At times when stress hits us hard, we may need some quick and practical resilience tools. As we push through this winter season, I wanted to share with you the Balance Wheel – a simple and practical tool I like to use to enhance the resiliency and self-care practices of both myself and the individuals I work with.
Self-care is a popular term… what is true self-care?
I am mindful of the term ‘self-care’ as it can often be used as an excuse to avoid challenging situations, reducing anxiety in the short-term but perpetuating unhelpful patterns that keep us from moving forward. However, self-care is not always about face masks and chocolate (although it definitely can be those things!). Rather, true self-care activities are the things we can do to enhance our physical, mental, social and spiritual wellbeing. The Balance Wheel is visual tool you can use at any time to strengthen resilience and top up your self-care practices. The Balance Wheel encourages us to look at our wellbeing in a holistic and balanced way to keep us feeling and living at our best.
How to use the Balance Wheel
First, create your Balance Wheel. Grab some paper and draw a large circle containing 8 sectors. Label each sector as one of these 8 different dimensions that make up our holistic health:
- Physical wellbeing
- Sleep and rest
- Relational wellbeing
- Spiritual wellbeing
- Me time
- Occupational wellbeing
- Intellectual wellbeing
- Hobbies and fun
Next, consider what you might already do to look after your wellbeing. Think about what best refuels your tank to make you feel like you are living well. Note these things down in your wheel.
To assist you in reflecting on your current levels of wellbeing, have a read through the following examples of self-care practices. Keep in mind that these examples are simply suggestions – this is not an exhaustive list and not necessarily a prescriptive list either!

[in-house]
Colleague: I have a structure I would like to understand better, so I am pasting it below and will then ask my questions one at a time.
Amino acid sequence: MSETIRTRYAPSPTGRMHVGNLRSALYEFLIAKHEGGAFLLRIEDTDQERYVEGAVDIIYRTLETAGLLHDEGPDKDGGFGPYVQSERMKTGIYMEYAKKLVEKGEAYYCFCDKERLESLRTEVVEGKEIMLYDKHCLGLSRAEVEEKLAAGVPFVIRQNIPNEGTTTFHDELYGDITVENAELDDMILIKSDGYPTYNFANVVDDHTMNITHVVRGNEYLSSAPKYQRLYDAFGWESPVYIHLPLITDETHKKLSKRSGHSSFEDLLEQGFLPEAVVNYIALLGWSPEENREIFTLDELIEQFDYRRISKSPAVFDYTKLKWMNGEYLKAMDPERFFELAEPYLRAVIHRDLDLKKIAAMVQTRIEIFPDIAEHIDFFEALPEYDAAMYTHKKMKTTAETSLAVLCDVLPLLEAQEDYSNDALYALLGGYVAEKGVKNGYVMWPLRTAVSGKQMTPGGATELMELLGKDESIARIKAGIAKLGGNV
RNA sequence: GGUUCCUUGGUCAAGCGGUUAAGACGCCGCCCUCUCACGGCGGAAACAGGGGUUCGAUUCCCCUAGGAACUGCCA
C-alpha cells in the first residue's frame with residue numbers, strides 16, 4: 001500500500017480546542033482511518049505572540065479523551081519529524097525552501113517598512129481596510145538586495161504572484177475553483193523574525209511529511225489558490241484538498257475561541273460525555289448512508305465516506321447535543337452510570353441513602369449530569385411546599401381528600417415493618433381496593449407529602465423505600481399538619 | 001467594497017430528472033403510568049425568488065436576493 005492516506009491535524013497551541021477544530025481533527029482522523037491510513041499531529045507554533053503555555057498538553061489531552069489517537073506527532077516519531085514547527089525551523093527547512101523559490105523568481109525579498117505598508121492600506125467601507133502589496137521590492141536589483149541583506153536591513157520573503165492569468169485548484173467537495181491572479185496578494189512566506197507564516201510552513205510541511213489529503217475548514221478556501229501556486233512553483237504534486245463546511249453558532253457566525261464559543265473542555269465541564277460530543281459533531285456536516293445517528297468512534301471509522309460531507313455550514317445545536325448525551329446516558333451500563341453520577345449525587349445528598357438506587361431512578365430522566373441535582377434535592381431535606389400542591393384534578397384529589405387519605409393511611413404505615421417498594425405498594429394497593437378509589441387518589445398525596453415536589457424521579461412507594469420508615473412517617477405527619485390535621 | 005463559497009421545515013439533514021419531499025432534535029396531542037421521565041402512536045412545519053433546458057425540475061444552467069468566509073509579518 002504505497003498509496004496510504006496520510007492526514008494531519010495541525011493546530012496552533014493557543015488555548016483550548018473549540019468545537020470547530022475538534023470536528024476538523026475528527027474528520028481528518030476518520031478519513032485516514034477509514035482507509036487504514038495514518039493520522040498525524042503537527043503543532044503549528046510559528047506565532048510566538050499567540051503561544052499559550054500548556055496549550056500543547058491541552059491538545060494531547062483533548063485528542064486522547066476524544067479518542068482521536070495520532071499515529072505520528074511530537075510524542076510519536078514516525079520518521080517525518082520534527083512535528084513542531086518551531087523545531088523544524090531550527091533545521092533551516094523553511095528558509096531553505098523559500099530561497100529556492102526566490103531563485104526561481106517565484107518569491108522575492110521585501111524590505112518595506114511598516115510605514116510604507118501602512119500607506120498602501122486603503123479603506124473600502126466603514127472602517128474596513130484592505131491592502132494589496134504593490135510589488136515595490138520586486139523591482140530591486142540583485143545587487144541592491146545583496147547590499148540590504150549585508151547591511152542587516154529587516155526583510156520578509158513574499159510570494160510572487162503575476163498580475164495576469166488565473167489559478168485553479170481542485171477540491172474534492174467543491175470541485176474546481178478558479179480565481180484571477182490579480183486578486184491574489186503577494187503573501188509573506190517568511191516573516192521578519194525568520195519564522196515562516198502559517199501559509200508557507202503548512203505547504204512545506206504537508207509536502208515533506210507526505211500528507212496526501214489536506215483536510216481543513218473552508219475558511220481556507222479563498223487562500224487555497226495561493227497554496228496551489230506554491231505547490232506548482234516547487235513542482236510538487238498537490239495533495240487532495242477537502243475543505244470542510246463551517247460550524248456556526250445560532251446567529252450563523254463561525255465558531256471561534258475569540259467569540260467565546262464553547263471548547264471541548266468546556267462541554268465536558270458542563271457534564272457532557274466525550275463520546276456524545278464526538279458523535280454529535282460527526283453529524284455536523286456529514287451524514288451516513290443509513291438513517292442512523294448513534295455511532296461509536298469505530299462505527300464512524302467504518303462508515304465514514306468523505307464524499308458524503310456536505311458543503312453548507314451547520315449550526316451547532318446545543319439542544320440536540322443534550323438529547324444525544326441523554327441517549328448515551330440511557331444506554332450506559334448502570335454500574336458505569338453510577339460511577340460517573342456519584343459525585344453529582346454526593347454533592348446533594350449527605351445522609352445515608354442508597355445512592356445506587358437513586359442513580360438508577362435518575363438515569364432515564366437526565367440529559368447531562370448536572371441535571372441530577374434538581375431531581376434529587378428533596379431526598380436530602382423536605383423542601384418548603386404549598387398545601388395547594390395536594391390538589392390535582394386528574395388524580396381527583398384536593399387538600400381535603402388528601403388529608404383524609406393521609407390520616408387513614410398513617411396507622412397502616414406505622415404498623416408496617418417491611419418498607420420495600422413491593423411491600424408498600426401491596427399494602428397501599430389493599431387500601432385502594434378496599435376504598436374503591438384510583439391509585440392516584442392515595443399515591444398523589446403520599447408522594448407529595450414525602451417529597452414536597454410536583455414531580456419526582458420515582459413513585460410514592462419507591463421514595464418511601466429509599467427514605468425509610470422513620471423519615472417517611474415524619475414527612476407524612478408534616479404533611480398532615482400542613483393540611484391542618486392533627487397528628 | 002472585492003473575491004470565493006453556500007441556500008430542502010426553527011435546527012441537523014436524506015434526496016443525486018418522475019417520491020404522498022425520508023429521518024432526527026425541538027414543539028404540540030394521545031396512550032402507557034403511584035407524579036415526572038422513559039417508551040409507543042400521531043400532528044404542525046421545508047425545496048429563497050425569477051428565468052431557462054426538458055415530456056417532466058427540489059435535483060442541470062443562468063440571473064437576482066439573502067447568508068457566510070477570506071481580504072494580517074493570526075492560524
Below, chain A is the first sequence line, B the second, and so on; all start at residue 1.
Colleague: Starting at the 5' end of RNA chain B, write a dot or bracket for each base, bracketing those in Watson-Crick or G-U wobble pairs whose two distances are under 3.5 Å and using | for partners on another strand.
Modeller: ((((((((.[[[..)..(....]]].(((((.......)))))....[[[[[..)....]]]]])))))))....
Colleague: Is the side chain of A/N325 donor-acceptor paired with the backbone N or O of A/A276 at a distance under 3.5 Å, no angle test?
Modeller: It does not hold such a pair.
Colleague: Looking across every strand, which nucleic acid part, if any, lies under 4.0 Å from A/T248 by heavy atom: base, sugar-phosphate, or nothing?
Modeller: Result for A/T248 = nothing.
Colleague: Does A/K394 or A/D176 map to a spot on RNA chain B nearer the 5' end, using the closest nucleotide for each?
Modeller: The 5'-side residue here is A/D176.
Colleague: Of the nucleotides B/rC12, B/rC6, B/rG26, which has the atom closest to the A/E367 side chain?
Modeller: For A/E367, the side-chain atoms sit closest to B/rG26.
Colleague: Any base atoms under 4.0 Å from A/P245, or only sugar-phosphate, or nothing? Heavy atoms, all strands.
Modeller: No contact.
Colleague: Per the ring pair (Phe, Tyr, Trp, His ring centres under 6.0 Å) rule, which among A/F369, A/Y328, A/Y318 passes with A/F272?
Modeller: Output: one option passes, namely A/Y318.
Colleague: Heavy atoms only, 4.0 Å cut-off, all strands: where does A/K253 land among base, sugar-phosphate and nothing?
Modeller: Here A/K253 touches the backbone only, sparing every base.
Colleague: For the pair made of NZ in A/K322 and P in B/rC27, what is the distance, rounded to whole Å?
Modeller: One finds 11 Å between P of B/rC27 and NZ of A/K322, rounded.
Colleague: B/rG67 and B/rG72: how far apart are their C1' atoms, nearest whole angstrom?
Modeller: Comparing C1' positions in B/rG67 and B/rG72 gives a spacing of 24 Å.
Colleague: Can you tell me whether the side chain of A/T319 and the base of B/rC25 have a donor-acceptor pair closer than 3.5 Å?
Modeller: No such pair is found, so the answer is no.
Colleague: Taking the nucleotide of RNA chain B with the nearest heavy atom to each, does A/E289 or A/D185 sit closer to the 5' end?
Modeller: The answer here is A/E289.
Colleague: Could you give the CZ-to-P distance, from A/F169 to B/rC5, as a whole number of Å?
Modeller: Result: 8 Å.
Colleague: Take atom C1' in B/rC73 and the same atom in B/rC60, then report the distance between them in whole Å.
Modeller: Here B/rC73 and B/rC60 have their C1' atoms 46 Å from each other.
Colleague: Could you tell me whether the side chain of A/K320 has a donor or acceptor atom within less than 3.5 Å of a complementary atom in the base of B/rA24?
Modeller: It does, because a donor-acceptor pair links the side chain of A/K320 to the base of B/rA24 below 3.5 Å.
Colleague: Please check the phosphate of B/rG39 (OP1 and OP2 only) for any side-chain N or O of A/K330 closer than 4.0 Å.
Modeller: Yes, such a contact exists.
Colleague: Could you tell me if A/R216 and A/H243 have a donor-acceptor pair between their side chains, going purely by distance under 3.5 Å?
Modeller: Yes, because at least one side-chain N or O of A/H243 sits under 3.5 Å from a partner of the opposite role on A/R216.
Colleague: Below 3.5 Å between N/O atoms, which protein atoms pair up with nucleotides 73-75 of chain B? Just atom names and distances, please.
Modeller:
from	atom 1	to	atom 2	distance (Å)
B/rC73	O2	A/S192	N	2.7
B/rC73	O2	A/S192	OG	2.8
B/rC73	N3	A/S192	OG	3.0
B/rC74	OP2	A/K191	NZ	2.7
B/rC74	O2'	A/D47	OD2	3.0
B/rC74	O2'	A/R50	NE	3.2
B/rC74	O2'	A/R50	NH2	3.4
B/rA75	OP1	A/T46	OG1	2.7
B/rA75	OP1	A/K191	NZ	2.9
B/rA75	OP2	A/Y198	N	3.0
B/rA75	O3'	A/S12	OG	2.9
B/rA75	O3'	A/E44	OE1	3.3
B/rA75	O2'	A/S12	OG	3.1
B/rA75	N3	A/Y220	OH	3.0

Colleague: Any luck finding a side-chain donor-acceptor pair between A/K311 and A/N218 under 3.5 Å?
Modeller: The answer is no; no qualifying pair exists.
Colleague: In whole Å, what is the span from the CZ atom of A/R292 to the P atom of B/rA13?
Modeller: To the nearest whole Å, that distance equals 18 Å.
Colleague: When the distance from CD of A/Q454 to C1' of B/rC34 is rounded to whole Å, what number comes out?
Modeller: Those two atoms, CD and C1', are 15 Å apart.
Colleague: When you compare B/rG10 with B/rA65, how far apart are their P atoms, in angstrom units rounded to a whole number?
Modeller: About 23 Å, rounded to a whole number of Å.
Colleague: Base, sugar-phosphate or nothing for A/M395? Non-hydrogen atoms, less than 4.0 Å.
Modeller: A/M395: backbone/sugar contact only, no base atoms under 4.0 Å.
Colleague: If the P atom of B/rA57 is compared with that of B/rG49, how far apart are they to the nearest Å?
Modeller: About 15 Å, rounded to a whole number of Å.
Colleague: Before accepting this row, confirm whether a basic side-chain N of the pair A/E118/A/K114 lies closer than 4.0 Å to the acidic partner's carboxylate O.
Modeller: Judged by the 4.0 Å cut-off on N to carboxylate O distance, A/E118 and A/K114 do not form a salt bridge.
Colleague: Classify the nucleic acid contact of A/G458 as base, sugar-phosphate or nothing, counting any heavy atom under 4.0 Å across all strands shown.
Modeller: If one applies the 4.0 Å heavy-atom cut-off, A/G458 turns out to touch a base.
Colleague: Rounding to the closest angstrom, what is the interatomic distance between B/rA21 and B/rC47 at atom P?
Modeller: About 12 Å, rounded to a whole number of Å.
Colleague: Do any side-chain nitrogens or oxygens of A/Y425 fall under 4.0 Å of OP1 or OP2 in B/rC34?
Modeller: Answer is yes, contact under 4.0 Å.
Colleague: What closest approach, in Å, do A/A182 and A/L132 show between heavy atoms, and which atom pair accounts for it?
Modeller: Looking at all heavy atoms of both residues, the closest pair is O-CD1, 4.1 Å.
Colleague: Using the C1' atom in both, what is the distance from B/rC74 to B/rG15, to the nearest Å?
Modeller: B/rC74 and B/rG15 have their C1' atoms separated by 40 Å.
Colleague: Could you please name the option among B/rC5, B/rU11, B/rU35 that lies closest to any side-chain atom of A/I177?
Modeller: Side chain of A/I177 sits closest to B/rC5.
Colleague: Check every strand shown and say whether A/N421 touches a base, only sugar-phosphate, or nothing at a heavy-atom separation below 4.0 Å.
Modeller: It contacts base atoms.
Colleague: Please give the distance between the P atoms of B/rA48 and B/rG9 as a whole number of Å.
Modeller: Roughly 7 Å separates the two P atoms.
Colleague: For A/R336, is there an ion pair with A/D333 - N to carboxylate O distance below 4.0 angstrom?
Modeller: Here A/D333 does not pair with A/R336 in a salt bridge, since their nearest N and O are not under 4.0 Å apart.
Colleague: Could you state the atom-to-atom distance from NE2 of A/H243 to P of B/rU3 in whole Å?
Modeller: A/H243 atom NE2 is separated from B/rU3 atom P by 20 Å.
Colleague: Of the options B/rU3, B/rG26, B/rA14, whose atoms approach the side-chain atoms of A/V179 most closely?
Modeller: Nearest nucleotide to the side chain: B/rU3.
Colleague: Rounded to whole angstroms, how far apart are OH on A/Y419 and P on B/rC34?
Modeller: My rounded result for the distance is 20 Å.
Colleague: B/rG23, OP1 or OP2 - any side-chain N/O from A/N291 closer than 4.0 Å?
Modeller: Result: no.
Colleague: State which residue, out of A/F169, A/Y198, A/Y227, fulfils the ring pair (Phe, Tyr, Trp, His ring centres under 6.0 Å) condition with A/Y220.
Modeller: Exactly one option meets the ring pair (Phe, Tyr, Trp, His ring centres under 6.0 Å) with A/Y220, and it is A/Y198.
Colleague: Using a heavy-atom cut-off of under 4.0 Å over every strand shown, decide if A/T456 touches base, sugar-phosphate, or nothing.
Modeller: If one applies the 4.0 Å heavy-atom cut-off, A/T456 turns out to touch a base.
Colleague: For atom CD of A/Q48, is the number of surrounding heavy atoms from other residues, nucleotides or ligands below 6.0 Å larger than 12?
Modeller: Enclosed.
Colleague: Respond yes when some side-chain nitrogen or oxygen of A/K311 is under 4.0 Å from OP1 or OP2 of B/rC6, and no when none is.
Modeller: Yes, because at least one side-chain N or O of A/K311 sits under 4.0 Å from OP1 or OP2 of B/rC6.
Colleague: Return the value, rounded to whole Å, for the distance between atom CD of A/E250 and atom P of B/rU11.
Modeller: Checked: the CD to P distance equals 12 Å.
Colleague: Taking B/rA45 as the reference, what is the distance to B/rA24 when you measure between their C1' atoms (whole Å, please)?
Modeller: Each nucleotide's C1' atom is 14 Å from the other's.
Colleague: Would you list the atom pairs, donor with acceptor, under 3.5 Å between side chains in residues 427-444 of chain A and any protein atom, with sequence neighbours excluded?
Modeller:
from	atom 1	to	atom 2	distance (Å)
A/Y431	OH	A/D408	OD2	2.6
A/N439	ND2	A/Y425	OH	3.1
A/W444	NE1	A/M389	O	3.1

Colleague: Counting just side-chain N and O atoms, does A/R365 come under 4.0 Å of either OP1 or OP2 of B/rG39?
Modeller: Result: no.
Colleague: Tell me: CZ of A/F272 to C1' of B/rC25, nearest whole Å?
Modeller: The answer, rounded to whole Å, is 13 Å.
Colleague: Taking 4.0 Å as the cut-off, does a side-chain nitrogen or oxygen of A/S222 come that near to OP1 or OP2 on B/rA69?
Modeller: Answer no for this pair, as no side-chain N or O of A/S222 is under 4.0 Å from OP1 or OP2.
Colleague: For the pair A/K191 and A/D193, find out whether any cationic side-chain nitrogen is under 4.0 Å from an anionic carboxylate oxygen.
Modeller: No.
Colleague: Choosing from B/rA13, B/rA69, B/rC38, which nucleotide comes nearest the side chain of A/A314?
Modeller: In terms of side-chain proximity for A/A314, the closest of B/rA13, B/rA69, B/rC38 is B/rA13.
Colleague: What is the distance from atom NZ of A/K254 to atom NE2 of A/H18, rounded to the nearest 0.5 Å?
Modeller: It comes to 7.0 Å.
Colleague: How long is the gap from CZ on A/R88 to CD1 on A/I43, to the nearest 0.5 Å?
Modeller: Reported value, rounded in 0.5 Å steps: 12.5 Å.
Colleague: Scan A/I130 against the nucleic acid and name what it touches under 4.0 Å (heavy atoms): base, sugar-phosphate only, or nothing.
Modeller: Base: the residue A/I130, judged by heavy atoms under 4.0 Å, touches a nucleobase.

- Physical wellbeing – eating regularly, receiving medical care when needed, regular enjoyable movement for exercise, taking your medication
- Sleep and rest – getting enough sleep, feeling rested in the morning, having time to wind down before bed, taking a moment to pause when you need to
- Relational wellbeing – spending time with people who you can laugh with, asking for help when you need it, scheduling regular dates with your partner
- Spiritual wellbeing – connecting with your sense of purpose, engaging with your faith community, practicing spiritual disciplines, giving and receiving grace
- Me time – making time for self-reflection, writing in a journal, remembering your strengths and positive qualities, attending therapy
- Occupational wellbeing – maintaining a sustainable work-life balance, keeping a comfortable workspace, engage in learning and development to support your professional skills, taking your lunch break
- Intellectual wellbeing – spending time reading, learning something new, engaging your intelligence in a different way (at the theatre, in the kitchen, with music)
- Hobbies and fun – exploring nature, making time for hobbies, trying something new and embracing imperfection, finding reasons to laugh
As you read through these examples, you might realise that you are looking after yourself in ways you have not realised, and you can give yourself a pat on the back. Or you might notice there is a sector of your Balance Wheel that you don’t generally attend to in your life, and you might decide to give this area of your health some more attention going forward…